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How adventurous books and tv fed my passion

GrasshopperFarm life for a teen can have many hours of down time. This was especially true in the 1970s. Our television had only three stations, the radio stations weren’t even in FM stereo, and the phone was for serious or family matters only.

With limited options, my outlet for fun became books — tons of book — all of them adventurous:  The Hardy Boys, Nancy Drew, Horatio Hornblower, and everything written by Jules Vern, Isaac Asimov, and Robert Heinlein that I could find. I even found my mother’s ancient copy of Tarzan, Lord of the Jungle by Edgar Rice Burroughs. I ravenously devoured that author’s works as well.

My appetite for adventure led me to read about various characters who knew one martial art or another.  The Hardy Boys, for example, knew judo.  As a girl with three older brothers who liked to pick on me and tease me, the idea of kicking their butts some day was very appealing.

Then came the television series Kung Fu,  the story of kung fu master Kwai Chang Cain, including flashbacks to his childhood training. Oh, man, was I ever hooked martial arts philosophy after that. It dove-tailed so well into my love of nature, farm life, and the cycles of the seasons. Here are a few quotes from the show:

Master Po: [after easily defeating the boy in combat] Ha, ha, never assume because a man has no eyes he cannot see. Close your eyes. What do you hear?
Young Caine
: I hear the water, I hear the birds.
Master Po
: Do you hear your own heartbeat?
Young Caine
: No.
Master Po
: Do you hear the grasshopper that is at your feet?
Young Caine
: [looking down and seeing the insect] Old man, how is it that you hear these things?
Master Po
: Young man, how is it that you do not?

Caine: Is it good to seek the past, Master Po? Does it not rob the present?
Master Po:
If a man dwells on the past, then he robs the present. But if a man ignores the past, he may rob the future. The seeds of our destiny are nurtured by the roots of our past.

Caine: If you plant rice, rice will grow. If you plant fear, fear will grow.

Your turn, what kind of childhood influences led to your current passions and dreams?

Thank you for visiting.

Lori Hoeck

Photo Credit: Tobias Wallin

Comments on this entry are closed.

  • Barbara Swafford December 7, 2009, 2:38 am

    Hi Lori,

    I didn’t know you grew up on a farm. So did I. And limited channels. Yup! We had two and I was also the one who had to go outside and turn the antenna when it was time to change channels.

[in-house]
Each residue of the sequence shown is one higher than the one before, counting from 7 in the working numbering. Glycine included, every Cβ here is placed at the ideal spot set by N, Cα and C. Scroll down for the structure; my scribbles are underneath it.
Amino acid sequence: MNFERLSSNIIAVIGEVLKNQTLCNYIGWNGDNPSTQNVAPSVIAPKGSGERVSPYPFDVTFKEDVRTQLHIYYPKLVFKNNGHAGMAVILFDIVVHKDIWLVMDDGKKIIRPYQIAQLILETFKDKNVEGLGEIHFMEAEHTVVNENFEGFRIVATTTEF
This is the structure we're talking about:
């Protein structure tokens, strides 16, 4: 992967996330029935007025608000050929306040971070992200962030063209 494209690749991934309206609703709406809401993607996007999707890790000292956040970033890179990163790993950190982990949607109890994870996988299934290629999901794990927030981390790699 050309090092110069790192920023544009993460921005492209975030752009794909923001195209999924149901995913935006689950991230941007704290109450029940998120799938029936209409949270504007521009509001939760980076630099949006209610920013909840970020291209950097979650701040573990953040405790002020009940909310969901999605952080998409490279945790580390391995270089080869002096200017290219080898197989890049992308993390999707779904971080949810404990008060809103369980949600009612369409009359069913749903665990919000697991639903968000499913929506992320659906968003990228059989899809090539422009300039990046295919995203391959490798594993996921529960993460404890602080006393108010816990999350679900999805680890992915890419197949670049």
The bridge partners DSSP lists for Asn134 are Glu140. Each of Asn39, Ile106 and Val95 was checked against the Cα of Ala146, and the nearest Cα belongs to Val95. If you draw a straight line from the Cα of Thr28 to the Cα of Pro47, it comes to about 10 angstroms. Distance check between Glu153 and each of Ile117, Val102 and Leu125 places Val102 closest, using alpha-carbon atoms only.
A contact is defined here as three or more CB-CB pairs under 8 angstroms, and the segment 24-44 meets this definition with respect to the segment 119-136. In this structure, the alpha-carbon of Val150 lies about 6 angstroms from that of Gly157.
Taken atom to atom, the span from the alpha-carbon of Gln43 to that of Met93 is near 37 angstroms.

I remember reading Nancy Drew, but can’t remember other books or TV shows that inspired me. For me, it was my Grandmother. I remember sitting next to her on the couch, holding her crippled arthritic hand and her saying, “Do everything you want to do when you’re young. Travel, see the world, etc…, because when you settle down, to do all those things will be much more difficult.” (She married young and had a seven children). I took her advice and am so happy I did.

    Thank you Lori for letting me share those memories. They made me smile. 🙂

  • Lori Hoeck December 7, 2009, 11:10 am

    Hi Barbara,
    I remember those antenna’s — and rabbit ears and aluminum foil. Have we been around awhile or what?!

    Your grandmother sounds awesome. One of mine could have been nicknamed “Ramrod,” so not a lot of positive lessons there.

  • Erin Lakai December 7, 2009, 5:20 pm

    Hi Lori,

    I grew up on a mini-farm, which wasn’t as big as the good ‘ole family farm in Oklahoma is. I heard great stories from my Grandmother, Aunts and Uncles about what a magical place it was. Visiting it only once in my childhood was enough to sprout many fantastic tales of what it would be like to live there.
    Though it’s not the typical aspiration of many in my generation, I’ve tried to live as close to the land as I could. My passion as an adult has been to be as self-sustaining as possible, and provide that playground of magic for my children. I’m not there yet…

    And, I wish I knew what “hours of down time” were…
    p.s. Thanks for prompting me to ‘post’, not ‘forget’ my dreams…

    ~Erin Lakai

  • Lori Hoeck December 7, 2009, 8:50 pm

    Hi Erin,
    The Bizzy M was a great place of history, discovery, and education, but you and your family get to start a legacy of your own.

    Hour’s of down time have to be scheduled these days!

  • janice December 10, 2009, 6:57 am

    I love that we’re the same age! I adored the Kung Fu series, preferred it even to the Bruce Lee films. Carradine was miscast, but I loved the philosophy.

    I grew up in a working class mining village, not on a farm, but extensive reading as well as devouring TV and films inspired me to spread my wings and leave.

  • Lori Hoeck December 10, 2009, 10:21 am

    Hi Janice,
    Totally agree with your first paragraph!

    I believe reading and imaginative media can help us all cut the ball and chain of a place or situation as we take wing. Glad you escaped!